Enter Your Search:
Results 1-2 (2)
Go to page number:
Select a Filter Below
BMC Surgery (1)
Journal of Oncology (1)
Schiesser, Marc (2)
Claudius, Andreas (1)
Clavien, Pierre-Alain (1)
Lurje, Georg (1)
Nocito, Antonio (1)
Schneider, Paul Magnus (1)
Steinemann, Daniel C (1)
Year of Publication
Did you mean:
Laparoscopic gastric pouch and remnant resection: a novel approach to refractory anastomotic ulcers after Roux-en-Y Gastric Bypass: Case report
Steinemann, Daniel C
Anastomotic or marginal ulcers occur in 0.6 to 16% of patients after laparoscopic Roux-en-Y-Gastric Bypass. Initial therapy aims at eliminating known risk factors including smoking, Helicobacter pylori infection, use of non-steroidal anti-inflammatory drugs and inhibition of gastric acid secretion. While this approach is successful in 68 to 88% of the cases, up to one third of patients need a subsequent surgical revision. However, marginal ulcers still recur in up to 10% of cases after revisional surgery, thus constituting a serious challenge for bariatric surgeons.
We herein report a case of an insidious marginal ulcer refractory to both medical therapy with high-dosed proton pump inhibitors and sucralfate as well as surgical therapy consisting of the lengthening of a short alimentary limb and later resection of the gastroenterostomy and construction of a new tension-free anastomosis. Only after gastrectomy by laparoscopic en-bloc resection of the gastrojejunostomy, the gastric pouch and resection of the gastric remnant with reconstruction by esophagojejunostomy the patient remained free of symptoms.
By laparoscopic resection of the entire gastric pouch and the gastric remnant the risk to leave a suboptimally vascularised or even ischemic pouch in situ was avoided. The esophagojejunostomy was then created in healthy, good vascularised tissue. In our case this novel approach was effective in the management of a refractory anastomotic ulcer and might represent a rescue option when simple revision of the gastrojejunostomy fails.
Roux-en-Y-Gastric Bypass; bariatric surgery; anastomotic ulcer; marginal ulcer; obesity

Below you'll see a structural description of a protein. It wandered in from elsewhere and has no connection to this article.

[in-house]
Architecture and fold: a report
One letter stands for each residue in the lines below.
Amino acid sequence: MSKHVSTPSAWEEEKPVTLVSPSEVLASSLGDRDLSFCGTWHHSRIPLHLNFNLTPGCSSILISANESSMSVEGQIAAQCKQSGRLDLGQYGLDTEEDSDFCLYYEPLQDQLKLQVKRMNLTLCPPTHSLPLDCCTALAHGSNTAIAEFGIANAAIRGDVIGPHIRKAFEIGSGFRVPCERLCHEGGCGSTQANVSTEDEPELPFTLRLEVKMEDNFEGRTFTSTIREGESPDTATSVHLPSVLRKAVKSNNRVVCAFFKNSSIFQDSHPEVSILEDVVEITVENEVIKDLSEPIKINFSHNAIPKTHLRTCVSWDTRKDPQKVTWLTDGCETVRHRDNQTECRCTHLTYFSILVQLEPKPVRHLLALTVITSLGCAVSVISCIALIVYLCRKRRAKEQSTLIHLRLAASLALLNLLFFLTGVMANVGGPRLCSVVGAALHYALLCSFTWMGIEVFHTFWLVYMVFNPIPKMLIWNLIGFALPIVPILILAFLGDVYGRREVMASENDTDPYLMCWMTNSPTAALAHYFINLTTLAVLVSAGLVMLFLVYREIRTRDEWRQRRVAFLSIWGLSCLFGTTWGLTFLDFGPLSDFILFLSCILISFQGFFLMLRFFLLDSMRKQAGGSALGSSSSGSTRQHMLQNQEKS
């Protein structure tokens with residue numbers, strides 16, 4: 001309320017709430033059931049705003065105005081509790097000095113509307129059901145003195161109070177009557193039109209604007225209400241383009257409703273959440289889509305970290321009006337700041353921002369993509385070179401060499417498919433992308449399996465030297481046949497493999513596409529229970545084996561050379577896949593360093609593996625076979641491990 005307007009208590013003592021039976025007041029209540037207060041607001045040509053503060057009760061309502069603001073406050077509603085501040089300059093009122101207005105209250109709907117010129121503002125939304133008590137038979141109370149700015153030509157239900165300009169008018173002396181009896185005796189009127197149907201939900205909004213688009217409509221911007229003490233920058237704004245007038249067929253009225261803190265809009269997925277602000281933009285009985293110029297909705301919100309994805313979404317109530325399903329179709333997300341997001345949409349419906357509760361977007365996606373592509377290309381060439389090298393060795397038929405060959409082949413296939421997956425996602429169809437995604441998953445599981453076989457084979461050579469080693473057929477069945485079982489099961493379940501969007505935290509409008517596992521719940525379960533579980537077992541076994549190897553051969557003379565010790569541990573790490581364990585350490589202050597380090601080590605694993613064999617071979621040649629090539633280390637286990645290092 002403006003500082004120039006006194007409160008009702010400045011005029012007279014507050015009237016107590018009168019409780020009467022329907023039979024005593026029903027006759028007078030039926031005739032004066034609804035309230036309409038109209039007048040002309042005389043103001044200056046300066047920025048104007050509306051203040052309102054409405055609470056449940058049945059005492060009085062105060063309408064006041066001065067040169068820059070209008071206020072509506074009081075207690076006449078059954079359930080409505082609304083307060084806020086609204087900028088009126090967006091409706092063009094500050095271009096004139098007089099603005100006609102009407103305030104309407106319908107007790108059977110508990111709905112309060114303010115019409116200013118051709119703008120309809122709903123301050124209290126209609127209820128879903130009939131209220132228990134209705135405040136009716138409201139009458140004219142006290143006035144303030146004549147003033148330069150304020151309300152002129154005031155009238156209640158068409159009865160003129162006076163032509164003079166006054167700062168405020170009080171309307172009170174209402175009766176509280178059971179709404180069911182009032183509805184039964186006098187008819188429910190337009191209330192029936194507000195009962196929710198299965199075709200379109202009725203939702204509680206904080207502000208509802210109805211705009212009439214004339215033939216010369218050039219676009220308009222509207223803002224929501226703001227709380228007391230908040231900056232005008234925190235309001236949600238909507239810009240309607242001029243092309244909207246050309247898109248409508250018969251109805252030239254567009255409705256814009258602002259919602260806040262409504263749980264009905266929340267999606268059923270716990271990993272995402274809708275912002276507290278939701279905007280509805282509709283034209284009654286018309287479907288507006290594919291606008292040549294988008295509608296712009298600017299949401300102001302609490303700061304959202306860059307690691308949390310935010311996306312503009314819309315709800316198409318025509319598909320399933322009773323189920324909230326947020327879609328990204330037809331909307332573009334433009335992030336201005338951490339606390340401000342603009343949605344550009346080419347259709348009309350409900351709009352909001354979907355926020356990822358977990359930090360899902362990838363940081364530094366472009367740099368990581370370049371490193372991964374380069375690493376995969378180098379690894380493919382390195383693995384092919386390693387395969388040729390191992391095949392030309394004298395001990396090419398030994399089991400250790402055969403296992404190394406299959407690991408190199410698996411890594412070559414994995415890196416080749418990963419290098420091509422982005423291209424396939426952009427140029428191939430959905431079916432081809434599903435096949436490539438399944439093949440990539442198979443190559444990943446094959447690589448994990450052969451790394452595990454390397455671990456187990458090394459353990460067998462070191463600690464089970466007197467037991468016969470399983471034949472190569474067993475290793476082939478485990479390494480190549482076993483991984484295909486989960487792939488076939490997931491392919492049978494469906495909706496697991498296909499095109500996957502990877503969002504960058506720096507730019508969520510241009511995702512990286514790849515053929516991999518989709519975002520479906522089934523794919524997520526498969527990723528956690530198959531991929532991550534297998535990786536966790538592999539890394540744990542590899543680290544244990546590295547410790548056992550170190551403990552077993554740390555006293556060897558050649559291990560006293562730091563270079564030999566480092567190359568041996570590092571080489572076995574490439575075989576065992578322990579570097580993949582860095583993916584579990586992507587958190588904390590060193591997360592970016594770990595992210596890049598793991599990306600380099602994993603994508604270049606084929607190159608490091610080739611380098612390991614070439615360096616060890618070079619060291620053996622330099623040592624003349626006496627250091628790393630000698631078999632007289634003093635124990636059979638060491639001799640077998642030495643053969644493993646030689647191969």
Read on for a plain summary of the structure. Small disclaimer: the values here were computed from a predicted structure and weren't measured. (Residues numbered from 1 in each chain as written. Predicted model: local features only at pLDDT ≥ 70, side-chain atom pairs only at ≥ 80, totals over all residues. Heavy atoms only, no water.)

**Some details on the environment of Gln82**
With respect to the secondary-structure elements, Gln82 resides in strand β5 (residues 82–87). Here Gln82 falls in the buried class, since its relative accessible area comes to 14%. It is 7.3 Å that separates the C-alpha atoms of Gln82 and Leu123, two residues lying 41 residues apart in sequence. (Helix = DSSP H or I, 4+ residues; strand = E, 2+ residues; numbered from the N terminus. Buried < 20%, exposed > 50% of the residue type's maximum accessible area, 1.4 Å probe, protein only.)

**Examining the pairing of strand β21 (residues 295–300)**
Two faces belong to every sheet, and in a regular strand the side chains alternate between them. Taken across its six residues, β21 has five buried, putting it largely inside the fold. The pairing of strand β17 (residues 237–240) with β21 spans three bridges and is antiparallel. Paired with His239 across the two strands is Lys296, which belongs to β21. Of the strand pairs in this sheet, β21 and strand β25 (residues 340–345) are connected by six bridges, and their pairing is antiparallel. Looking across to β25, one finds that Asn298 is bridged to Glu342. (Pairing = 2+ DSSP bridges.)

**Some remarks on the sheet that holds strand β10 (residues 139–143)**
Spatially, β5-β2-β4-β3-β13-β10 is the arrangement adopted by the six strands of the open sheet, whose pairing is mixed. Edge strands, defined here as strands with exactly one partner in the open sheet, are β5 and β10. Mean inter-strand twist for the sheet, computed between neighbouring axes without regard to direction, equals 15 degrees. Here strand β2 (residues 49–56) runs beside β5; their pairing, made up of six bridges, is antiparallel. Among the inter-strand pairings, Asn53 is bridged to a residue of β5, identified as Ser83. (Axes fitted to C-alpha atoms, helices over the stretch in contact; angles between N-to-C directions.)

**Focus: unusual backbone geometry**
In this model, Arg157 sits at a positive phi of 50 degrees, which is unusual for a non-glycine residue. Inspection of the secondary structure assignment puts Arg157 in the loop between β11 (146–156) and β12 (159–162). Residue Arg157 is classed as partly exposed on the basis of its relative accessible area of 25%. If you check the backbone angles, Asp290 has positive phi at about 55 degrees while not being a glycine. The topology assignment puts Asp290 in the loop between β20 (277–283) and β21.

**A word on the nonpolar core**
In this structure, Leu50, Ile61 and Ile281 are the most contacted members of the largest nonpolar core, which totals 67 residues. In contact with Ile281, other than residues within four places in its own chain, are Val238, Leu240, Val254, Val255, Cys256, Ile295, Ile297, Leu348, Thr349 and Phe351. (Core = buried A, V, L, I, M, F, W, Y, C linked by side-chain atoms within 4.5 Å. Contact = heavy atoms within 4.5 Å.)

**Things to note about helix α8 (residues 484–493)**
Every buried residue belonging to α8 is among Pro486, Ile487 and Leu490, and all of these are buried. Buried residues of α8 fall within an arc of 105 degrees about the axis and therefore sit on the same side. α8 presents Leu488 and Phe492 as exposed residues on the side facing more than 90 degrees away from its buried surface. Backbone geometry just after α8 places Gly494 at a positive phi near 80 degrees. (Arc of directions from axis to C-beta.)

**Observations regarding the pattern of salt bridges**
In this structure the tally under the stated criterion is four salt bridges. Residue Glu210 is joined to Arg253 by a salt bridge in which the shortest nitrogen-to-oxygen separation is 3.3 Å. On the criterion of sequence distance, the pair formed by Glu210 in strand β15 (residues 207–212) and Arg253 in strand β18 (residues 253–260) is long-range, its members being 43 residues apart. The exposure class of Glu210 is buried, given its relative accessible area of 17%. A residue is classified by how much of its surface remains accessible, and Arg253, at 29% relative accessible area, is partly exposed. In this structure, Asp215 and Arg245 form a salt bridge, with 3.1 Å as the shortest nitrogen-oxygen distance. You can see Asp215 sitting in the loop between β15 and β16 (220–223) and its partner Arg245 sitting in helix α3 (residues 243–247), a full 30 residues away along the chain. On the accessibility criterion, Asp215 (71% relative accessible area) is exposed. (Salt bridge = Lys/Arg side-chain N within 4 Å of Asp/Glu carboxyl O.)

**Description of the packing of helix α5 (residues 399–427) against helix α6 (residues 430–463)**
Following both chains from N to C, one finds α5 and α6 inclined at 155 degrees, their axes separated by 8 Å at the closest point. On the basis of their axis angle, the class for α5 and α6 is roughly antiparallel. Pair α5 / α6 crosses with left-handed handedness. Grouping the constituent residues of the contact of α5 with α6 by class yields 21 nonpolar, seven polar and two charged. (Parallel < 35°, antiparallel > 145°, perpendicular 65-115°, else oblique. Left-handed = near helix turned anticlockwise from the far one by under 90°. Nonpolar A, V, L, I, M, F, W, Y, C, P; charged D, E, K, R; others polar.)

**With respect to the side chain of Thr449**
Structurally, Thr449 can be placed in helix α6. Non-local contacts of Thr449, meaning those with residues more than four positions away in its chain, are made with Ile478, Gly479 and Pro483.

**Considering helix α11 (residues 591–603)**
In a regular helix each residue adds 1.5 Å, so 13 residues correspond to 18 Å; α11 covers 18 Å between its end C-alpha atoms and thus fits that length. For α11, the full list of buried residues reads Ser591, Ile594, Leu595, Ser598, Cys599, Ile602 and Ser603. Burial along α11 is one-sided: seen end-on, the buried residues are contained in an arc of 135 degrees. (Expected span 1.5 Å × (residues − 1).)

Circulating Tumor Cells in Gastrointestinal Malignancies: Current Techniques and Clinical Implications
Schneider, Paul Magnus
Journal of Oncology
Since their introduction more than 50 years by Engell, circulating tumor cells (CTCs) have been evaluated in cancer patients and their detection has been correlated with clinical outcome, in esophageal, gastric, and colorectal cancer. With the availability of refined technologies, the identification of CTCs from peripheral blood is emerging as a useful tool for the detection of malignancy, monitoring disease progression, and measuring response to therapy. However, increasing evidence suggests a variety of factors to be responsible for disease progression. The analysis of a single CTC marker is therefore unlikely to accurately predict progression of disease with sufficient resolution and reproducibility. Here we discuss the current concept of CTCs, summarize the available techniques for their detection and characterization, and aim to provide a comprehensive update on the clinical implications of CTCs in gastrointestinal (GI) malignancies.
Results 1-2 (2)
Go to page number:
Remove citation from clipboard
Add citation to clipboard
This will clear all selections from your clipboard. Do you wish proceed?
Clipboard is full! Please remove an item and try again.
PubMed Central Canada is a service of the
Canadian Institutes of Health Research
(CIHR) working in partnership with the National Research Council's
Canada Institute for Scientific and Technical Information
in cooperation with the
National Center for Biotechnology Information
U.S. National Library of Medicine
(NCBI/NLM). It includes content provided to the
PubMed Central International archive
by participating publishers.